The United Methodist Council of Bishops will meet July 19-20 in Chicago and will discuss “A Way Forward,” a proposal adopted by the General Conference 2016 calling for the council to appoint a commission to review all portions of the church’s lawbook dealing with human sexuality.
Council of Bishops President Bruce Ough said he believes there’s a strong commitment on the part of the council and the denomination as a whole to “move in a direction that does not reflect some of the intense divisiveness that we’ve seen in fellow mainline denominations.”
Asked if that meant an exit strategy for churches that wish to leave with their property, Ough said “not necessarily.”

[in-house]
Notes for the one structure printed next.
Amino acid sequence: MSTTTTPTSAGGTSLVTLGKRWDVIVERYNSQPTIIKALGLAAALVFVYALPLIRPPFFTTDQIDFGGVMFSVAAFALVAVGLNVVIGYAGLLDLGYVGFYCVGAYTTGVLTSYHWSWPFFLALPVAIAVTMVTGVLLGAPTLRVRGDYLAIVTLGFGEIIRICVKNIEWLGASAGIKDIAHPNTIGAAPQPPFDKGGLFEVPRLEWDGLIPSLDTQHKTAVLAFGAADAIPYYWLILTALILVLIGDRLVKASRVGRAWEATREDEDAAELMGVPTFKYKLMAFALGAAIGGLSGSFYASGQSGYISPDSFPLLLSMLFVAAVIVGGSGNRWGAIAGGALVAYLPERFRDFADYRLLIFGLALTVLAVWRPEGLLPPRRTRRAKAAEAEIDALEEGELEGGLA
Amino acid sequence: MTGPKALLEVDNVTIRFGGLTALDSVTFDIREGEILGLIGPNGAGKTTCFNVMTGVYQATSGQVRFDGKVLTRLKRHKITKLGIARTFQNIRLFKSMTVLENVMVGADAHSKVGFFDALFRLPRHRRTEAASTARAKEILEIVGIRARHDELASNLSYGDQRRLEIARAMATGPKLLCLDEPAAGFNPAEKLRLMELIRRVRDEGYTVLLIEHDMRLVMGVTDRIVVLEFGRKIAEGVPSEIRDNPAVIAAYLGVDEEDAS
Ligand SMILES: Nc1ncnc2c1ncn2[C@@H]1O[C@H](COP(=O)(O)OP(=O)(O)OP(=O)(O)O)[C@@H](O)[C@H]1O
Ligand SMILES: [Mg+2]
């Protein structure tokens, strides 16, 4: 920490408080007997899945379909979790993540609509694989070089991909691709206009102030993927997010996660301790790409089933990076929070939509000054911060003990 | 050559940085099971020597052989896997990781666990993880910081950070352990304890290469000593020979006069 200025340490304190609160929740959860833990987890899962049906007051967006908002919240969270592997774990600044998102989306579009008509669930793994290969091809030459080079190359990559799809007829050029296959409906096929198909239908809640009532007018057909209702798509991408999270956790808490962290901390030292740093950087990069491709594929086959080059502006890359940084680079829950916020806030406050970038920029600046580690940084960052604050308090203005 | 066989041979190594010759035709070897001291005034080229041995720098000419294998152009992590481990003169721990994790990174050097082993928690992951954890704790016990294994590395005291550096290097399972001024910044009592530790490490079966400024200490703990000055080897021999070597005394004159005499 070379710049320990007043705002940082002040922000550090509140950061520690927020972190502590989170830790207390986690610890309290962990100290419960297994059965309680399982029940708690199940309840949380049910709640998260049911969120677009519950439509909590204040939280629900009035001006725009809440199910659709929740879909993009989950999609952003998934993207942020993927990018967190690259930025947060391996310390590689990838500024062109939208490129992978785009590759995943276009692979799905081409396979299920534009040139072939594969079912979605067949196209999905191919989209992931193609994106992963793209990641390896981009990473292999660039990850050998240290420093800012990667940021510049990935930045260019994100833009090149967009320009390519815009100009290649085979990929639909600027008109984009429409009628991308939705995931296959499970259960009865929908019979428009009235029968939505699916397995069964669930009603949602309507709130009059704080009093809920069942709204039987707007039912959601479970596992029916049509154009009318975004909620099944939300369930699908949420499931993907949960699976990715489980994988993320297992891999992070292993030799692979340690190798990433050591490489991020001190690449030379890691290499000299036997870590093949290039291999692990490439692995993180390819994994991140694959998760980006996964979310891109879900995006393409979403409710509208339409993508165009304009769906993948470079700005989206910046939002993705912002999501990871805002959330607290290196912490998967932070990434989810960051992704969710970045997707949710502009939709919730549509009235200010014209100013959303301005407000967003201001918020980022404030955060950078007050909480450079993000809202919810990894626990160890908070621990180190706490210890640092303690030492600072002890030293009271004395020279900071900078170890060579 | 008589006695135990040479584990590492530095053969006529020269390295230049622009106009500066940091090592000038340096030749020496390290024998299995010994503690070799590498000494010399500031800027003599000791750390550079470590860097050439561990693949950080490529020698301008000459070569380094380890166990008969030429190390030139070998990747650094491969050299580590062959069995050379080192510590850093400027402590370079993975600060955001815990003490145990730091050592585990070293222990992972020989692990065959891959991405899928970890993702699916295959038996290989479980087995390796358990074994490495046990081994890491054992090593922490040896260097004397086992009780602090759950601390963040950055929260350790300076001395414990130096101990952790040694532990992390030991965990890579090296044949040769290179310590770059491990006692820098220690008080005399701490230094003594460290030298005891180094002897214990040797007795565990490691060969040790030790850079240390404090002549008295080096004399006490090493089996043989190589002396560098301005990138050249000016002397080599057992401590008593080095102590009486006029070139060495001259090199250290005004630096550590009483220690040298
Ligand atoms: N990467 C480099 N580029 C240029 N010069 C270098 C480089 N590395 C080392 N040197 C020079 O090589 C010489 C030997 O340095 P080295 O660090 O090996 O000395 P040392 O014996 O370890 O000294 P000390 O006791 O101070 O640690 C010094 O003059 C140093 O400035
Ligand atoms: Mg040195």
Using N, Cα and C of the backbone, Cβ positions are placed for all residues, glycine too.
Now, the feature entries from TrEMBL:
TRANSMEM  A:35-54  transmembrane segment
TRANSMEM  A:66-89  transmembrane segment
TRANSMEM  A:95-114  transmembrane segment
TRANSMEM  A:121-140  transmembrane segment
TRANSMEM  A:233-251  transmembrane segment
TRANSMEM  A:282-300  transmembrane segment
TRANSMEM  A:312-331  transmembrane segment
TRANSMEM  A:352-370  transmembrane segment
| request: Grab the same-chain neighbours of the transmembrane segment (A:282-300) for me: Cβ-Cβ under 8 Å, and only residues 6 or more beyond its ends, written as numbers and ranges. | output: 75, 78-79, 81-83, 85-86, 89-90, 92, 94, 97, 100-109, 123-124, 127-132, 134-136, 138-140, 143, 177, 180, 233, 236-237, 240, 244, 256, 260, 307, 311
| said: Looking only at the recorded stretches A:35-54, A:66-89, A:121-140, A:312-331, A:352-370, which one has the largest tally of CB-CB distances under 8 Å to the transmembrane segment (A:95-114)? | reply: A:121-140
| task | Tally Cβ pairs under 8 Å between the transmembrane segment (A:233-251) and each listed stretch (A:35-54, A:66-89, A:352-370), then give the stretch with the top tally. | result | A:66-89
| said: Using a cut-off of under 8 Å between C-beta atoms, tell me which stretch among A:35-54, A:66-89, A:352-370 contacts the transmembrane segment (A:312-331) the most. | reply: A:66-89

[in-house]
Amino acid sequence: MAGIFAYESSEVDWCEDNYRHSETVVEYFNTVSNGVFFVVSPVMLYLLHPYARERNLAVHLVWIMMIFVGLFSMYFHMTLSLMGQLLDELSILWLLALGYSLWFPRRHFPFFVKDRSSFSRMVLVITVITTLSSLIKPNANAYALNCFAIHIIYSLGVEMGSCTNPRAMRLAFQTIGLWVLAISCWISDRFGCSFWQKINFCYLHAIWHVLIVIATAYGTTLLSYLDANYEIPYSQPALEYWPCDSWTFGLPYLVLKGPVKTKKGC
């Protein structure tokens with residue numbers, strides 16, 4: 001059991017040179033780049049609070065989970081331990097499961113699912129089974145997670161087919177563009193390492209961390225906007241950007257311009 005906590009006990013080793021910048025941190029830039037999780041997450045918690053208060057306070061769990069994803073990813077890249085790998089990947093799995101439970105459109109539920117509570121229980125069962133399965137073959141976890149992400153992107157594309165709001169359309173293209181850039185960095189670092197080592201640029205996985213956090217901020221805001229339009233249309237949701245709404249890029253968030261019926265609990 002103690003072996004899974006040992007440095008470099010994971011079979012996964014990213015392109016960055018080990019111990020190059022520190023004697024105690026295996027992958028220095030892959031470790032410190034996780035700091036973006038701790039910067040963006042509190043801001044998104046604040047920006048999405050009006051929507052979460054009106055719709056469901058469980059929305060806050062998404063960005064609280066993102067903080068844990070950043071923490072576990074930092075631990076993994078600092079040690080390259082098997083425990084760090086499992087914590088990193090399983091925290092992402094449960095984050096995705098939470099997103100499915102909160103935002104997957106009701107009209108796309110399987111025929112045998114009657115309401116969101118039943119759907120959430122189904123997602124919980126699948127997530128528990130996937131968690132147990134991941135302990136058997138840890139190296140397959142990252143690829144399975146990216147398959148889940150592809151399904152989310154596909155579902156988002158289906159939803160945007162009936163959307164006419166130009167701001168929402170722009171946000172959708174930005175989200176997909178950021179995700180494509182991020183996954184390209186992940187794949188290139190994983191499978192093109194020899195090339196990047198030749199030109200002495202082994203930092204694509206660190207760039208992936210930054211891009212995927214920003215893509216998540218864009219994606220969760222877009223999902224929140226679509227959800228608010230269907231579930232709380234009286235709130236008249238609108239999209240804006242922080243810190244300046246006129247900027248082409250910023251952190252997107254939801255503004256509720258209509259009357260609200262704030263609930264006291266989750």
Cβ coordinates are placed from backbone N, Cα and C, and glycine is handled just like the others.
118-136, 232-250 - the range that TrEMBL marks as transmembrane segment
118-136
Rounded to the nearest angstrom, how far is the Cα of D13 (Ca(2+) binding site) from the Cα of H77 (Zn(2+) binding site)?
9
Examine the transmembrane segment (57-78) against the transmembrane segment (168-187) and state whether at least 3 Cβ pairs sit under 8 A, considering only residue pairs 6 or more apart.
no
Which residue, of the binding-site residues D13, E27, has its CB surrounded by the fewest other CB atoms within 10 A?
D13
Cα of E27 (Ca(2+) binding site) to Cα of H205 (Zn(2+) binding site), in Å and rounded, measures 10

“I just think we have to be very, very open to innovation,” he said. “It’s difficult for any organization to be truly open to the spirit and to the imagination of God when we’re in the midst of such great anxiety and fear.”
Ough said he did not foresee newly elected Bishop Karen Oliveto getting ill treatment within the Council of Bishops, based on some members’ opposition to her election.
What will happen with any challenge to the election, such as the South Central Jurisdiction appeal to the Judicial Council for a declaratory judgment, is unclear.
“There are no precise precedents for the drama of this kind of thing where church law specifically says a person in this situation shall not be ordained or appointed and, suddenly, exactly the person described in church law is elected bishop,” said the Rev. William Lawrence, a Perkins School of Theology professor of church history and former president of the denomination’s Judicial Council.
“The bishops, it seems to me, will have to find a way to model a kind of unity in these circumstances if the church has any hope of finding a way to develop a flexible pattern for unity.”